Three years ago, architect Barbara Bestor approached me with an idea. She was looking for a photographer to make a study of Williams’s work, and wondered if I’d be interested. I had heard of Williams in passing, but had no idea of the scope or scale of his work. I grew up in Philadelphia, 2,700 miles away. I loved LA, but I barely knew it. Back then, I didn’t even have a driver’s license. I was interested in architecture, and architecture had been slowly creeping into my work for years, but it felt too big to get my arms around.
I was also busy with a one-year-old and a new full-time office job. I was struggling to figure out how I was going to fit art into my busy life. I was overwhelmed, and the thing I needed to get back into my own work was an assignment. That initial email from Barbara came at exactly the right time. I felt like an imposter, but I said yes.
Most architectural photography is about the big picture. What does a building look like from the street, or a room look like from the threshold? I wanted to create an experience of Williams’s work that was about the feeling of living in the spaces and loving them. Williams thought about all the little details, and I felt that the most fitting way to honor him was to think about those details too. I decided that the work should be in black and white to strip away distractions like the color of a wall or carpet.
One of the first buildings I photographed was a house in Lafayette Square, around the corner from the house he built for himself and his wife. The woman who owns the house today is the granddaughter of the original owners—a doctor and his wife who were part of the same circle of successful professional Black families in which the Williamses travelled. She told me that when her grandparents were searching for a parcel of land to build their house on in the late 1940s, the restrictive covenants prevented them from buying in Lafayette Square. They had a friend who could pass for white handle the face-to-face parts of the transaction, and they got their land. By the time their house was completed, the covenants had been lifted.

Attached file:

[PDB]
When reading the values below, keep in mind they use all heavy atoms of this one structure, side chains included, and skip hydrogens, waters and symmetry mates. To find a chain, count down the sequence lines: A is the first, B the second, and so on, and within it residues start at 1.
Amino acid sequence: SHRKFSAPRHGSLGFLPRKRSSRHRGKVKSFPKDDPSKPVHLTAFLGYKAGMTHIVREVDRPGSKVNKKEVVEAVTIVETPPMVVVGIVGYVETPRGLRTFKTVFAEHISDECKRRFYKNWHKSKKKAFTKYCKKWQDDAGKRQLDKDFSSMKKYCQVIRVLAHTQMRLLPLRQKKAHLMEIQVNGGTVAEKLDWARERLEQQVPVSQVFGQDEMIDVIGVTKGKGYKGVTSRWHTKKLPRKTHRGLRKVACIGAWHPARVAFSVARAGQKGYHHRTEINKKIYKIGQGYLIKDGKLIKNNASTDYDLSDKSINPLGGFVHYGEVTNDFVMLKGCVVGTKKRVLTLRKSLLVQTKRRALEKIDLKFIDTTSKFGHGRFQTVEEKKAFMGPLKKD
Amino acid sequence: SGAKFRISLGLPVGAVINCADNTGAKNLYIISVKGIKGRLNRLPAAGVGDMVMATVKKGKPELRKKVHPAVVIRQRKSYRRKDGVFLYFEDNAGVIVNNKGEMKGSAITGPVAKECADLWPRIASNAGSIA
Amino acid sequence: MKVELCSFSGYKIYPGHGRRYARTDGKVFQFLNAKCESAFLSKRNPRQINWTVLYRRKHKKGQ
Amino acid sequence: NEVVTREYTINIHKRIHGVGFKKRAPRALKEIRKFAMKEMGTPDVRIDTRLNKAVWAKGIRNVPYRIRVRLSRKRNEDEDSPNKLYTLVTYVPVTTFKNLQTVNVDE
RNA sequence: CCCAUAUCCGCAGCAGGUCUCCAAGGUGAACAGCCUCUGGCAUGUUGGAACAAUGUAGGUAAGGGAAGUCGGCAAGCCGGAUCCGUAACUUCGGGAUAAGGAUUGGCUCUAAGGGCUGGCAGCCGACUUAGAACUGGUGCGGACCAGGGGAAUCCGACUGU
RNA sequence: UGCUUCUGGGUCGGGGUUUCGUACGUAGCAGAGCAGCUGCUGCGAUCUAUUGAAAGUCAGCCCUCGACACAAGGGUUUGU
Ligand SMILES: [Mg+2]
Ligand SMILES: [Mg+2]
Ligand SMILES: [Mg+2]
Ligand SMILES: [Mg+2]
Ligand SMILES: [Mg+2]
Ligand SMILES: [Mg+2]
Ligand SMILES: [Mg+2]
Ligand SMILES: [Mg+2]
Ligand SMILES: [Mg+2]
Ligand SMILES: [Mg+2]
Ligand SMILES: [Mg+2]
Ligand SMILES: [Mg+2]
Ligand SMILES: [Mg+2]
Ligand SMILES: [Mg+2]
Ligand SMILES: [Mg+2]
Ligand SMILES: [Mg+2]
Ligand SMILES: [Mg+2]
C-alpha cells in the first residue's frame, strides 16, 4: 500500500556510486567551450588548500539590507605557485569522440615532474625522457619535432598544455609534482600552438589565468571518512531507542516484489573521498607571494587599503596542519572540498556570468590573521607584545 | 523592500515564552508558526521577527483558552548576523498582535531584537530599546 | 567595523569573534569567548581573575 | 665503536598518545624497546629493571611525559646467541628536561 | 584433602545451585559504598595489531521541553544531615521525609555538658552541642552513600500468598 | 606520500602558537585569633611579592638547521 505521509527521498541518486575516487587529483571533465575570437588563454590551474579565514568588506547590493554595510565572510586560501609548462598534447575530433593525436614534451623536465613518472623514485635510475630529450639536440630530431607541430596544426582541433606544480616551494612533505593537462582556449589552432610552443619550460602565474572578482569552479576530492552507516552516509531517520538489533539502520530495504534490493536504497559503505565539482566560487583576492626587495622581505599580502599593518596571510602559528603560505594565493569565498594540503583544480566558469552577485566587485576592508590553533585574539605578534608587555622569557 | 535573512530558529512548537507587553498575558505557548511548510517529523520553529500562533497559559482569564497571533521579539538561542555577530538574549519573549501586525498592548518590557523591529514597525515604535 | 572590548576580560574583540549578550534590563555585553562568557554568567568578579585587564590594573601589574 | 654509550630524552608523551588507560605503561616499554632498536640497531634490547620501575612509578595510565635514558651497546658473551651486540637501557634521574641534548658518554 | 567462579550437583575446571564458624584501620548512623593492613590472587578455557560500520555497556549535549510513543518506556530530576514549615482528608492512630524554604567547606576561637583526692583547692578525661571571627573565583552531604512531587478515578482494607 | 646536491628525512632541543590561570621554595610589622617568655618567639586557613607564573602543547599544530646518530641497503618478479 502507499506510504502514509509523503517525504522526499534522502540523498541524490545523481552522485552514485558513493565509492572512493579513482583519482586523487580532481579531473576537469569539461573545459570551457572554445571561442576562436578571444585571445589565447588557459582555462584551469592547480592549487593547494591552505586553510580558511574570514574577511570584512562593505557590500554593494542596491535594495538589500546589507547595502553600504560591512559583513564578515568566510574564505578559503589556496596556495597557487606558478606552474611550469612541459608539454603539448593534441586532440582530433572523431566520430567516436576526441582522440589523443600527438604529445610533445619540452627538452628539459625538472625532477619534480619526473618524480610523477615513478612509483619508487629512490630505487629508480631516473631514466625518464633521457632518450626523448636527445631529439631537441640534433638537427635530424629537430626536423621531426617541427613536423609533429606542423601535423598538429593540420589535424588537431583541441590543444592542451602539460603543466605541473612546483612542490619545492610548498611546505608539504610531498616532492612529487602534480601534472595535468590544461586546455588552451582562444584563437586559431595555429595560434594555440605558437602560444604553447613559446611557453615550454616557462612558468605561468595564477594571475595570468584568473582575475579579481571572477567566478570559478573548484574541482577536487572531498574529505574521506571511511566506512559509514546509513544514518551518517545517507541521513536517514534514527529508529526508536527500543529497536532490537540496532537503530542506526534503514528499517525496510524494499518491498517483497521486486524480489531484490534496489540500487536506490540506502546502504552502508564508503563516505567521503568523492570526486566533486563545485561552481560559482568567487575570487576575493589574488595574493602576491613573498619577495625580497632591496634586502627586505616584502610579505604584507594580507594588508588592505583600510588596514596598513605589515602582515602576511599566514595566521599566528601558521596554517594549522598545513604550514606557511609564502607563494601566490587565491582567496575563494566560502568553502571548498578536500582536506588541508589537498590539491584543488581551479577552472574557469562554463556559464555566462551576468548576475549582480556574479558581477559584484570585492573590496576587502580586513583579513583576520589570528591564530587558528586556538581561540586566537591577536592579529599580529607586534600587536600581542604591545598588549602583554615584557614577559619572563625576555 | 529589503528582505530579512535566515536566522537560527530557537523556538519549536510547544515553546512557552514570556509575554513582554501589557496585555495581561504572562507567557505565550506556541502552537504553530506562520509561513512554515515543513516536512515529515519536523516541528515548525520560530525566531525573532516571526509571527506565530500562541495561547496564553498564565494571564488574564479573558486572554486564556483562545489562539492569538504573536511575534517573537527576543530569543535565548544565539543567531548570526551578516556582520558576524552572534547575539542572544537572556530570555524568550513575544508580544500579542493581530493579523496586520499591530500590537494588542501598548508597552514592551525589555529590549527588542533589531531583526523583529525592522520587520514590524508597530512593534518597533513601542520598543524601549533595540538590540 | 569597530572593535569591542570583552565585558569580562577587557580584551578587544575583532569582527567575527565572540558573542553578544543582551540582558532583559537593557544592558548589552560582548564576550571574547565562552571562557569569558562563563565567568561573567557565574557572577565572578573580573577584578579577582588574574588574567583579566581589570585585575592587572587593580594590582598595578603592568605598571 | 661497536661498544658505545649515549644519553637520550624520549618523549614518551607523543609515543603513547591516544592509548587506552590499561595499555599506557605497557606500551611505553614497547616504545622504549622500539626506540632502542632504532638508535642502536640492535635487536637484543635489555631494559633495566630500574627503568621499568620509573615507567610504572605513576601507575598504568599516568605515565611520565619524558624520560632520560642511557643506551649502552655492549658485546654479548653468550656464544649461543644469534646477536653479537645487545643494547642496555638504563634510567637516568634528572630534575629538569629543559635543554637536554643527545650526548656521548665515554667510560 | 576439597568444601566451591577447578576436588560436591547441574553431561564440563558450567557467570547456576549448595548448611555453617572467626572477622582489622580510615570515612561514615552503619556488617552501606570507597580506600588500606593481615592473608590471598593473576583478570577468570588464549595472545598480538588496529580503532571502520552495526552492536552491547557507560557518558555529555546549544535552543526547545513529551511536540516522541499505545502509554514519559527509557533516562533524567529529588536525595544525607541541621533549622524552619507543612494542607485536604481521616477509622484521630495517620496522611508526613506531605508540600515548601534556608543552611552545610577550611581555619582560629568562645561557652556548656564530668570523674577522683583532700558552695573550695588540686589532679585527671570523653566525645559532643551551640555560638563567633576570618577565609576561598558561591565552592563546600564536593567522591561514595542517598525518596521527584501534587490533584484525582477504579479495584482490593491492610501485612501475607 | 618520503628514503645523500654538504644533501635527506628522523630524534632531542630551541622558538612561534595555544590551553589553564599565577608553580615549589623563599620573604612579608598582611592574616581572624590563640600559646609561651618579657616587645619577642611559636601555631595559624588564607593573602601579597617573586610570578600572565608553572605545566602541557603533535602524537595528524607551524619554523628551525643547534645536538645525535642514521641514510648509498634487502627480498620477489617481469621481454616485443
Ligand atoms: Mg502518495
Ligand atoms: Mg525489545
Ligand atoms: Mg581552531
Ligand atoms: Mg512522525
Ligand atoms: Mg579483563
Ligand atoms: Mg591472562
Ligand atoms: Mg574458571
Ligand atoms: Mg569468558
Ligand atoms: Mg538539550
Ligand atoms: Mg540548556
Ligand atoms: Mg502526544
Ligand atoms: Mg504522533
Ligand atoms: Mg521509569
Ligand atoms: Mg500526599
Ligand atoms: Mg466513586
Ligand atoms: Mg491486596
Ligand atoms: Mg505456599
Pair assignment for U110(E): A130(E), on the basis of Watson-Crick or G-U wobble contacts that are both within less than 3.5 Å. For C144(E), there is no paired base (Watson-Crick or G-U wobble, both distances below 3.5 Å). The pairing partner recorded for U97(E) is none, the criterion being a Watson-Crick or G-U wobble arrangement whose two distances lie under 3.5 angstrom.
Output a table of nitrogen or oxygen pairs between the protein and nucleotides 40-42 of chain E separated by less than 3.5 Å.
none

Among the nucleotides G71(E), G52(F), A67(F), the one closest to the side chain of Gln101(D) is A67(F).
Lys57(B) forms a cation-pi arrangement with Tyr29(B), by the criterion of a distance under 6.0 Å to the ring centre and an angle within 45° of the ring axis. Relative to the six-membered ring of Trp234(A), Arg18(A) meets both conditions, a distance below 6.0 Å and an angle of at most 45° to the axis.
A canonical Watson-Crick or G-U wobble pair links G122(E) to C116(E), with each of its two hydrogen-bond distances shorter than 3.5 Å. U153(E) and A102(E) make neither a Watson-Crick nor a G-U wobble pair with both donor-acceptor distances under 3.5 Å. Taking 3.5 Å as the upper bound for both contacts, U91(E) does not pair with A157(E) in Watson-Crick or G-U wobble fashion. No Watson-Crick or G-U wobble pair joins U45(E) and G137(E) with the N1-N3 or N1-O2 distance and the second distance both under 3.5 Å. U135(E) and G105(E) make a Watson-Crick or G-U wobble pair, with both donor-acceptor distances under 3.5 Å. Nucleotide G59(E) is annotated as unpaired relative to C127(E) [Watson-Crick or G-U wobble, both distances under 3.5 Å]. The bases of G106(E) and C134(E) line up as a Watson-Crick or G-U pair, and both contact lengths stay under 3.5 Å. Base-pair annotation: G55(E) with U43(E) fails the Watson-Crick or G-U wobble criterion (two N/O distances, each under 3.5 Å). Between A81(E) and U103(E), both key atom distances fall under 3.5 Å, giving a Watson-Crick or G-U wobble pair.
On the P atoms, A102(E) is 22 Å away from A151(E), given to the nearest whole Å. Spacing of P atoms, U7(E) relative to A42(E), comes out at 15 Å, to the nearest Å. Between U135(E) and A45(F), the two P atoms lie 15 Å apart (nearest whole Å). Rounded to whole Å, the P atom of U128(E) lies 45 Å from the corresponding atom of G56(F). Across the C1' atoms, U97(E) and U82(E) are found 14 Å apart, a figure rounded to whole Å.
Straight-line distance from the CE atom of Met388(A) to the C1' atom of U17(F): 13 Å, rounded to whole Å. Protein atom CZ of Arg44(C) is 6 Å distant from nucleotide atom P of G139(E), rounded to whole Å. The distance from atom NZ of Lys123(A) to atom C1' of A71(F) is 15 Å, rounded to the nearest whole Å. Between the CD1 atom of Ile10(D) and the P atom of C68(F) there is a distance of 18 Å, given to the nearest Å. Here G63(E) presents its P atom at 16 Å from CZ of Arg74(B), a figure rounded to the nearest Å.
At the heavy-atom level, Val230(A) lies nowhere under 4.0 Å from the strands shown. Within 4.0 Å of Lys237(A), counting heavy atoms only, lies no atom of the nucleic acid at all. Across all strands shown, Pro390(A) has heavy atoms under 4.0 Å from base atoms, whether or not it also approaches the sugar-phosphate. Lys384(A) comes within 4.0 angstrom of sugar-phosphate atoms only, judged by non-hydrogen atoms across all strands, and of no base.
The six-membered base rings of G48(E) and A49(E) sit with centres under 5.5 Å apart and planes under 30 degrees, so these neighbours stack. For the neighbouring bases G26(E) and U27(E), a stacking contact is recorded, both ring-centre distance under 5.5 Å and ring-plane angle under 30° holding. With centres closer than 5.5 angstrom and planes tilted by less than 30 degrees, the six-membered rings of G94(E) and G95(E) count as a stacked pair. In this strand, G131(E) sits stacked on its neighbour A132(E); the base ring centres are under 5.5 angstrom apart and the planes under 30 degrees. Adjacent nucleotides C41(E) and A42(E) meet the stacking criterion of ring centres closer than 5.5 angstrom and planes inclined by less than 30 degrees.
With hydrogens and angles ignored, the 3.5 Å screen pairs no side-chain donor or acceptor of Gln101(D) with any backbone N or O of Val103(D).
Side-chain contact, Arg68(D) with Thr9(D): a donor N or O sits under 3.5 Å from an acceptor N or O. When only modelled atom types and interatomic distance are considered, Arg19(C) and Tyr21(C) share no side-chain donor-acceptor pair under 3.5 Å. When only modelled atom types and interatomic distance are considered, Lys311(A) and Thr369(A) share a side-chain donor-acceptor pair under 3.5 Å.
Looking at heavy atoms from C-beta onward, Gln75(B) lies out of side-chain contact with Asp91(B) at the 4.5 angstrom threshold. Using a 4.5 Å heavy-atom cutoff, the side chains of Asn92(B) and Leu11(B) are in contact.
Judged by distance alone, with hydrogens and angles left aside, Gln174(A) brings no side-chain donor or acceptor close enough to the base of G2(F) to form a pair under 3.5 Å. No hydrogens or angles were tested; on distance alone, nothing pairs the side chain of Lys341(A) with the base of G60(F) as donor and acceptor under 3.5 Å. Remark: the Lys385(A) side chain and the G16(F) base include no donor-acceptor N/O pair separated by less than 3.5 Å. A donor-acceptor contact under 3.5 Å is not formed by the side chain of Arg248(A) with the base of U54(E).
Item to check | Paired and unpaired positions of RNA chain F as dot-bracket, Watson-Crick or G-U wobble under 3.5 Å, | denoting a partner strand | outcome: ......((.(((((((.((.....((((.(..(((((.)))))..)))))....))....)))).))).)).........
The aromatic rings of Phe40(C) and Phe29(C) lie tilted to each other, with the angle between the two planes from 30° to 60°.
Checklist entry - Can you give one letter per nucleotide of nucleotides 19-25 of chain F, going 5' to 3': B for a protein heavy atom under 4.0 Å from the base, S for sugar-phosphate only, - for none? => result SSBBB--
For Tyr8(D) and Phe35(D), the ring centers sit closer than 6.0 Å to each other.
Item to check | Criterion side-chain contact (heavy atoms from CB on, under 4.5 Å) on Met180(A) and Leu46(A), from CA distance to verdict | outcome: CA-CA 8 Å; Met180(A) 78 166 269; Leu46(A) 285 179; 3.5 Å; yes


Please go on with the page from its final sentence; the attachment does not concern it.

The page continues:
Williams and his friends were fortunate; they were savvy enough to make space for themselves in a hostile city. Many were not. The history of real estate and development in Los Angeles is filled with ugly stories about redlining and other forms of institutionalized segregation, the effects of which are still being felt today. LA is one of this country’s most diverse cities, but remains deeply segregated. Still, when I travel through its streets, I see a world of infinite possibilities. If Williams could become one of the most notable architects of the 20th century here, what can my children become in the 21st?
Williams could design a neoclassical mansion or a modernist bungalow. He never stopped designing buildings to serve his own community, even as the work he did outside of it earned him the nickname “architect to the stars.” He was known for designing to fit the needs of his clients without imposing his ego. His buildings do not boast about the prowess of their architect. They don’t need to. His mastery of his craft was its own reward.
The story of my work about Williams is all tied up with my own personal milestones: Learning to drive, and learning Los Angeles by car; my pregnancy with my second child, and lugging camera equipment and a big belly around strangers’ houses; figuring out that I could be a mother and still be an artist. I learned a lot about myself doing this work, and the work continues. I could spend the rest of my life searching for and photographing Williams buildings. There are that many of them.
Los Angeles is known as a city that likes to forget its history, but I think it will always remember Paul Revere Williams.
This essay was originally written for 3rd LA, an ongoing public events series exploring innovative design and Los Angeles culture. It is organized by the city’s chief design officer, Christopher Hawthorne, and Occidental College. Buy Janna Ireland’s book Regarding Paul R. Williams: A Photographer’s View.